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Business Review Western MI
Business Review Western MI
A walk at the office
(2007-11-07)
(wgvu) - A walk at the office


Nov. 1, 2007

By Mark Sanchez
marks@mbusinessreview.com

It didn't fit any existing product category. So Steelcase Inc.
created a new one FitWork Products, or products that allow office
workers to move while they work and get out of their sedentary habits.

The first introduction is a cross between a traditional work station
and a slow-moving treadmill, or as Steelcase terms it, the Walkstation.

If the unit meets the kind of success in the marketplace that Steelcase
expects, many more FitWork products will follow.

This is the first step, said Bud Klipa, president of the
Steelcase subsidiary Details that developed the Walkstation with Mayo
Clinic physician James Levine.

We envision a whole range of products.

The WalkStation is designed to provide a desk-bound office worker what
Levin terms non-exercise activity that won't work up a sweat yet
allow them to burn calories by continuous movement for an hour or so
each day, eventually helping to improve their health.

Targeted primarily at corporate work environments, the Walkstation
integrates a height-adjustable work surface with a commercial-grade
treadmill that sports a top speed of just two miles per hour.

Levine said his research shows that movement such as walking one or
two mph a day as you work can improve your overall fitness, focus and
productivity.

The premise, Levine said, is simply to increase movement while
working and for users to enjoy the health benefits of that movement.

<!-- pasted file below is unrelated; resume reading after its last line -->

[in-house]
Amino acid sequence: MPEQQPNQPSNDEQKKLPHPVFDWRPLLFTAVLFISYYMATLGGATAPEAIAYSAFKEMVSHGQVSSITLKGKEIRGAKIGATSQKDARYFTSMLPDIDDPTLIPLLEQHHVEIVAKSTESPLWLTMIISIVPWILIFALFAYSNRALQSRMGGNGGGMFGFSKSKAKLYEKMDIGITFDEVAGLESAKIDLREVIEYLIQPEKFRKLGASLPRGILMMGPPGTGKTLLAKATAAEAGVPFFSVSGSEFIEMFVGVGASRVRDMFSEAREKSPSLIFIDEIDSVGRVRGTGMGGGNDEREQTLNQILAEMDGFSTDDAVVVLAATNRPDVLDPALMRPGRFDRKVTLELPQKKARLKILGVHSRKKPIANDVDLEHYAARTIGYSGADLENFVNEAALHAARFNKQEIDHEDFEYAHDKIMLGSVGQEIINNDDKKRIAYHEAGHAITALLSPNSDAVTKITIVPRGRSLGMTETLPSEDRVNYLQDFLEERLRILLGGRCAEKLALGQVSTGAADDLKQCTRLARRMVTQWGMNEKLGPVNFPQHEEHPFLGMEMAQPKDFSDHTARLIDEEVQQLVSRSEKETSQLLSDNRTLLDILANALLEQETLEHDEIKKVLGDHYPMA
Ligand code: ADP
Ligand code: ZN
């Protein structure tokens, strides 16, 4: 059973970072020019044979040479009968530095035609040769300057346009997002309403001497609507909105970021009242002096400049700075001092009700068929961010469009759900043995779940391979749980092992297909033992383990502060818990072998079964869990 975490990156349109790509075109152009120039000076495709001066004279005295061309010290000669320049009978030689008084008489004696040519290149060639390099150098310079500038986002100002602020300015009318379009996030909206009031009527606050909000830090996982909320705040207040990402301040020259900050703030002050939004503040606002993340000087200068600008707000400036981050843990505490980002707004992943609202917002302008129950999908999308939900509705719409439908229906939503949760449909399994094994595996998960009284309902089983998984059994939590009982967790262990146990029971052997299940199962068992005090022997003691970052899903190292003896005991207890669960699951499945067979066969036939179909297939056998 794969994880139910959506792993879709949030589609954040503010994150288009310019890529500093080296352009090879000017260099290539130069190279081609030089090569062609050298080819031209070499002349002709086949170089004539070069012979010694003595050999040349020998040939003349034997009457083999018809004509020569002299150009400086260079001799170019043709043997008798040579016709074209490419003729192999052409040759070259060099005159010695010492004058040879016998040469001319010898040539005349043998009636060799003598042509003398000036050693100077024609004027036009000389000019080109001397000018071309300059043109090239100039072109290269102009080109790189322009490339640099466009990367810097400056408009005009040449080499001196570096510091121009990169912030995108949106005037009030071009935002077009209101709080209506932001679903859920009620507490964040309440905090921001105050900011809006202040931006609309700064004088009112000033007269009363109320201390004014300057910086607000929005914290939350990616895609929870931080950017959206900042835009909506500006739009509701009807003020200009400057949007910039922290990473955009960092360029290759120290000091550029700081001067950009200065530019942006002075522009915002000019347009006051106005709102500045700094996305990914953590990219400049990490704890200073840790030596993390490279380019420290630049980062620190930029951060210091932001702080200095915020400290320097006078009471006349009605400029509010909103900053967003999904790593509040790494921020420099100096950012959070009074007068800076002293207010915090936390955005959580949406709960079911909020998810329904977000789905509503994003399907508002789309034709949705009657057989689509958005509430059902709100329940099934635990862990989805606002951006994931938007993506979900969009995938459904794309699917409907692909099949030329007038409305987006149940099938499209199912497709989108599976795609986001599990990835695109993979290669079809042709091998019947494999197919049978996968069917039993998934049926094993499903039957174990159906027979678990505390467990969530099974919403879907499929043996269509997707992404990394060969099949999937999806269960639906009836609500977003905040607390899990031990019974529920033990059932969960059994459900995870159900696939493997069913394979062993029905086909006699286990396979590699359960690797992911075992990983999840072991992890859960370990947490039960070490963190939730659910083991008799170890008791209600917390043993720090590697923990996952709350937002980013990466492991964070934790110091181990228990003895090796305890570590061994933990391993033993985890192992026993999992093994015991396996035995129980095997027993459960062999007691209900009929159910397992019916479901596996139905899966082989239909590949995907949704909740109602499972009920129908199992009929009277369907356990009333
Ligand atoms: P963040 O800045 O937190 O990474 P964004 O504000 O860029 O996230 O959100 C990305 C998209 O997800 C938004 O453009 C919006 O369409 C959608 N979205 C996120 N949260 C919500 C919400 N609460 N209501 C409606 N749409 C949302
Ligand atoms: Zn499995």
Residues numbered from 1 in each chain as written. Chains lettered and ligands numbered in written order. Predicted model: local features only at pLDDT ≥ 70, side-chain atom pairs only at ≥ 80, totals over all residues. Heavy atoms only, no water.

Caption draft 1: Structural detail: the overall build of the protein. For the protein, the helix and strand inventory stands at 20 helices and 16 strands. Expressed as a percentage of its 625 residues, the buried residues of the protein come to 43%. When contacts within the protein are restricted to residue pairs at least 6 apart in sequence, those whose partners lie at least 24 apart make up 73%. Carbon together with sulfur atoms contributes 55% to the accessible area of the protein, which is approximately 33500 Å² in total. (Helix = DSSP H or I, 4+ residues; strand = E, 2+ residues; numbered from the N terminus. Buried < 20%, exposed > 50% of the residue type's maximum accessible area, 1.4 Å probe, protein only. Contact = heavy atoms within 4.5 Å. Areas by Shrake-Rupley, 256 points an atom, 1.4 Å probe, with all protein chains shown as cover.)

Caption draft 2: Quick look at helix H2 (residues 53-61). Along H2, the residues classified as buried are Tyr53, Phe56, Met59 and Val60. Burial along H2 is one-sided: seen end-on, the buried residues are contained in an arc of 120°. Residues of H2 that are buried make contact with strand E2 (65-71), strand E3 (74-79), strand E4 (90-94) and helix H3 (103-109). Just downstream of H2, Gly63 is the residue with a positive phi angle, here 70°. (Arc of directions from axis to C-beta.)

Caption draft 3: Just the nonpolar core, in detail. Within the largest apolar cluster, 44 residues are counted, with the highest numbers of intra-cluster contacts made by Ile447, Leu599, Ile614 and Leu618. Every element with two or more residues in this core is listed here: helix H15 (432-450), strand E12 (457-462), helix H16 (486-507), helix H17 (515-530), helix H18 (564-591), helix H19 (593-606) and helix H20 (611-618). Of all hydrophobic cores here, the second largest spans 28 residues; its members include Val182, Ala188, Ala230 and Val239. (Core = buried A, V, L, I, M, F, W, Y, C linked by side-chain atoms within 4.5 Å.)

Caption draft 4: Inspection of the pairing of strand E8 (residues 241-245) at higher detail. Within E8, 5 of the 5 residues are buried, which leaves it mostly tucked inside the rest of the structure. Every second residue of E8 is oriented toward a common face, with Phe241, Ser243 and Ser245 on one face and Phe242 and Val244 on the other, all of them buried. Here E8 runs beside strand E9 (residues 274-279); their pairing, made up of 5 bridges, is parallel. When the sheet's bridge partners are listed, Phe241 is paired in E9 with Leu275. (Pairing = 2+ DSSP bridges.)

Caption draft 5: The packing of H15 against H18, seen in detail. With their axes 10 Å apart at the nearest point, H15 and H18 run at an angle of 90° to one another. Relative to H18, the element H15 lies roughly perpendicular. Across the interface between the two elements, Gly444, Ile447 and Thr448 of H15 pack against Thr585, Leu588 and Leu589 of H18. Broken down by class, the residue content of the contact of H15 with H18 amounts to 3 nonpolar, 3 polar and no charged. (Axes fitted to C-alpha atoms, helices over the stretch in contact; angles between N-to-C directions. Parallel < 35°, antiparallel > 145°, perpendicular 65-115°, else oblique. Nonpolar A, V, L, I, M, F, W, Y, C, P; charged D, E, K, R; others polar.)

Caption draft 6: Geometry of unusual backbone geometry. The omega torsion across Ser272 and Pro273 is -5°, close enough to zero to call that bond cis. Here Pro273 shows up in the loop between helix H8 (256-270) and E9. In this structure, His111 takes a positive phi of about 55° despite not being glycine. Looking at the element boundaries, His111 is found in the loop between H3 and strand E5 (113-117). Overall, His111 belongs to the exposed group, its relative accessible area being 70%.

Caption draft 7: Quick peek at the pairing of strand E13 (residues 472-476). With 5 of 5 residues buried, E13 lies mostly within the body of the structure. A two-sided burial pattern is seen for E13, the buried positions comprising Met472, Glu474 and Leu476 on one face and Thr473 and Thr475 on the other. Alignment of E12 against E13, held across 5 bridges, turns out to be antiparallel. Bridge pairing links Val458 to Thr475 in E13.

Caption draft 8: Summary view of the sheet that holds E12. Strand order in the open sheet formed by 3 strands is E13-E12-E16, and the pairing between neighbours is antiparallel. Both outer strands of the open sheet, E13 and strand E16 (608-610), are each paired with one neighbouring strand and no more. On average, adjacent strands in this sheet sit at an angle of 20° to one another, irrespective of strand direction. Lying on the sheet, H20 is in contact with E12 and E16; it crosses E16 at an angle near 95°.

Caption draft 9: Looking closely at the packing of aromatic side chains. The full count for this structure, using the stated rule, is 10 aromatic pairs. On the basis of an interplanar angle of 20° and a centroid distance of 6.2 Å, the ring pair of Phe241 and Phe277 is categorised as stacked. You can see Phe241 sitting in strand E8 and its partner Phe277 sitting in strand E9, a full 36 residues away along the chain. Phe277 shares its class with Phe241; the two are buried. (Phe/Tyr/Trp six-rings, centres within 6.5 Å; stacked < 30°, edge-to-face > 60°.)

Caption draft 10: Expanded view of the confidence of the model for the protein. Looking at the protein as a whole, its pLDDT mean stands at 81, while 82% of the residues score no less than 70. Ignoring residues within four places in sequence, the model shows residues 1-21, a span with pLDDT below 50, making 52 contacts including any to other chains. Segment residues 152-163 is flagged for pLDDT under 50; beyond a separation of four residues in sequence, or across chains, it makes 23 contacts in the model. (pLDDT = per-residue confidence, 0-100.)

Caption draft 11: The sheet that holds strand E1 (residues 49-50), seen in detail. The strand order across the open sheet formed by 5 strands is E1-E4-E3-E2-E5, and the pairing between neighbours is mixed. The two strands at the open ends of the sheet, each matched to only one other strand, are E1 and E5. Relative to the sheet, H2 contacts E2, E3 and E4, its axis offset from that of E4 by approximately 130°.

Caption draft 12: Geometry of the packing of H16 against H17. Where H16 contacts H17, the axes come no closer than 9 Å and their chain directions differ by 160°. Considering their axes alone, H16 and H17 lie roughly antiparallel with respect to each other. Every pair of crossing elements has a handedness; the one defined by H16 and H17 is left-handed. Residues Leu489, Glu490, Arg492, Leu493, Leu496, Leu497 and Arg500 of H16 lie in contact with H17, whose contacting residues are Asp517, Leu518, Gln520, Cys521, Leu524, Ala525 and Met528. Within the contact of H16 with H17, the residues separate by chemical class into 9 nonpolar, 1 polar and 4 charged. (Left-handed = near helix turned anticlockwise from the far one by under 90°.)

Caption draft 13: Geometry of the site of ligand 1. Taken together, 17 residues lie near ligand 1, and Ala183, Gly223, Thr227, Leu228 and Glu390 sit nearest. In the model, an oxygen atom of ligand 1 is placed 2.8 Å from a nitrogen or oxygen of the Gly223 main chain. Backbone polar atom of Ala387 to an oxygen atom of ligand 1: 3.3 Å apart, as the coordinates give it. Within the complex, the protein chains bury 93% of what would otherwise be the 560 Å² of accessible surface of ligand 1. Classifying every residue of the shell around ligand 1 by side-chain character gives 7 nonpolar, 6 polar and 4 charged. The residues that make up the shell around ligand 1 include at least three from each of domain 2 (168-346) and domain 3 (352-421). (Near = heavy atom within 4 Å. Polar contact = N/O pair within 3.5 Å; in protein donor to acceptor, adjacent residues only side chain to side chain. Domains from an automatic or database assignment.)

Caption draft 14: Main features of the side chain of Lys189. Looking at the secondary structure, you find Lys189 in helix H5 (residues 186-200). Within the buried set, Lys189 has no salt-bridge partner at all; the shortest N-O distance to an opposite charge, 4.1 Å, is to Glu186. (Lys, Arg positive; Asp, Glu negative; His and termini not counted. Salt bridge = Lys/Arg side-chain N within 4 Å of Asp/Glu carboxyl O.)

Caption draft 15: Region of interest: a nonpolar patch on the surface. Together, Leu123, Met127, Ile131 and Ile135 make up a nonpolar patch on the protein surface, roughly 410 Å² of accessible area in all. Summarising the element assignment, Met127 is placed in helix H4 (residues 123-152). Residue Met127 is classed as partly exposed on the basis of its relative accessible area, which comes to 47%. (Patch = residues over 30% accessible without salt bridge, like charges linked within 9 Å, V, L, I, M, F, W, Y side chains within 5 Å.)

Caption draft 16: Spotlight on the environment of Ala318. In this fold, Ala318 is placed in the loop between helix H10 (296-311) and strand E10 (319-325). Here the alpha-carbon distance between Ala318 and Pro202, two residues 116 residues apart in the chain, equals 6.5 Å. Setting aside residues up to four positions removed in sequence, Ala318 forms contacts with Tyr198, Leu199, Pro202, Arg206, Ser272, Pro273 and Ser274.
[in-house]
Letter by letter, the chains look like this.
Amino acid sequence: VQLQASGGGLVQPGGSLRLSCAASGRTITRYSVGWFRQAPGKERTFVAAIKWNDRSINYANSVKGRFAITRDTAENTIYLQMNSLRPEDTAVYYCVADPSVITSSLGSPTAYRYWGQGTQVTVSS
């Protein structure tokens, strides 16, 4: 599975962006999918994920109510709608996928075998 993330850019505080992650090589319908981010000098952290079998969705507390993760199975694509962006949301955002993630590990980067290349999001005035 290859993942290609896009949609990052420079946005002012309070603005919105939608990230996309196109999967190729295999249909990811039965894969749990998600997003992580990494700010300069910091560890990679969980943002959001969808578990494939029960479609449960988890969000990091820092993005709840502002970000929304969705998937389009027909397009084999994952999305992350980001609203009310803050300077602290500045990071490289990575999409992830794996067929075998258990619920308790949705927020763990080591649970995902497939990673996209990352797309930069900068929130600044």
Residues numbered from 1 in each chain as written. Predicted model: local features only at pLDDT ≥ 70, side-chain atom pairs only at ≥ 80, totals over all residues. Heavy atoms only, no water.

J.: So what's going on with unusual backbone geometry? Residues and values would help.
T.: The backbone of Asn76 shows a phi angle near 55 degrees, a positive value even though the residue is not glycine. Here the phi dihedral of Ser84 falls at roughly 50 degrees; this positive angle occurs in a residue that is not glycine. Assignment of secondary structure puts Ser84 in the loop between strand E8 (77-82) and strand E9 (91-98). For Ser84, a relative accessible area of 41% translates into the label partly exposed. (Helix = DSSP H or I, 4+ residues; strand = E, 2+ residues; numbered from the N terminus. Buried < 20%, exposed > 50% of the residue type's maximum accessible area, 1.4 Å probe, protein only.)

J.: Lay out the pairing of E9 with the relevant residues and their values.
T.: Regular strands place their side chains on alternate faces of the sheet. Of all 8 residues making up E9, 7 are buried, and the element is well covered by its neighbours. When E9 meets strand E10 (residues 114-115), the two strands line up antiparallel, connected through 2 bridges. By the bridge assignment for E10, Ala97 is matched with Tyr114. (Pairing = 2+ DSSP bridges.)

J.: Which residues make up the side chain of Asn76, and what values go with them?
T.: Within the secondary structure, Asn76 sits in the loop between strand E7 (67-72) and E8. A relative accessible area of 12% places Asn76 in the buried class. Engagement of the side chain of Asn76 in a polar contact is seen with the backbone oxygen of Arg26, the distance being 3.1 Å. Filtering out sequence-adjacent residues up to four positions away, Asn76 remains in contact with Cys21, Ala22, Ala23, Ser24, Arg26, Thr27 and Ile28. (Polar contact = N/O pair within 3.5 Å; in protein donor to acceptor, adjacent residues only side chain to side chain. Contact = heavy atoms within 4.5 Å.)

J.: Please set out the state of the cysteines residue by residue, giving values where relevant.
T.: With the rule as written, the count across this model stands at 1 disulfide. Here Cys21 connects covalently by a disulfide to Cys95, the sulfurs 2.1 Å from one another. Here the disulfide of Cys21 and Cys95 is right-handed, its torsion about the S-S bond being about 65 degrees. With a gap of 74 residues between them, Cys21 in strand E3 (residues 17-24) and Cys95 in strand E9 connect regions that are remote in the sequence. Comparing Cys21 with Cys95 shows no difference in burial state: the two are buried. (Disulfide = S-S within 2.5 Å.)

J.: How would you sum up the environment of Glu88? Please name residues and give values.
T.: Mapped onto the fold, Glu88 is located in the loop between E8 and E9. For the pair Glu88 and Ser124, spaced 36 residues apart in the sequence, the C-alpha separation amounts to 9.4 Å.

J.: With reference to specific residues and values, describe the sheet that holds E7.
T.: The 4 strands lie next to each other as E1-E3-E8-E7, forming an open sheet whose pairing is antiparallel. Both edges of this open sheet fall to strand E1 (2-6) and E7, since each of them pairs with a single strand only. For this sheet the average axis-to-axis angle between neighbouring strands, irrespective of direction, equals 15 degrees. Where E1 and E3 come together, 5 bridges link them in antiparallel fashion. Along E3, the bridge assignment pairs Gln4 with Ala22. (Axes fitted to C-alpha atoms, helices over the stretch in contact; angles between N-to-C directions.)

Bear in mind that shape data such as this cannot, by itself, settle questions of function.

In an age where obesity is at epidemic proportions and the escalating
cost for health coverage has made wellness the new mantra for many
corporations, Wendy Wigger sees the WalkStation as an innovative idea
that has potential.

The director of wellness for Grand Rapids health plan Priority Health,
Wigger likes the concept behind Walkstation.

Anything where a company can help embrace wellness as a part of
their culture and we can find new way to help individuals integrate
fitness and wellness into their everyday routine, I'm all for it,
Wigger said. It's one more opportunity for an employer to help an
employee get that incremental exercise.

But the Walkstation is likely not for everyone, she added.
Wigger believes the corporations that are most likely to buy and use
devices like the Walkstation are those that treat employee wellness as
part of their broader corporate strategy.

It's going to take the right corporate culture and the right
employer, Wigger said.

Levine's research into non-exercise activity fits with that conducted
by Steelcase that shows a need for office products that can change
sedentary workplace habits by allowing office workers to move more,
rather than sit at their desk continuously.

Steelcase also has seen an emerging demand from clients for office
furnishings that play into the wellness movement and promote healthy
habits, Klipa said.

We see it as a budding area for architects and designers and how
they think about planning offices, he said.

In ongoing testing at four Steelcase customers, employees use the
Walkstation an average of four hours a day.

Initial customer interest has been strong, Klipa said, with about 100
companies on a waiting list to order a Walkstation, which will cost an
average of $4,000. Steelcase already has begun ramping up additional
supplier capacity to build the units, he said.
Steelcase will begin taking order in late November and begin shipping
toward the end of the year.
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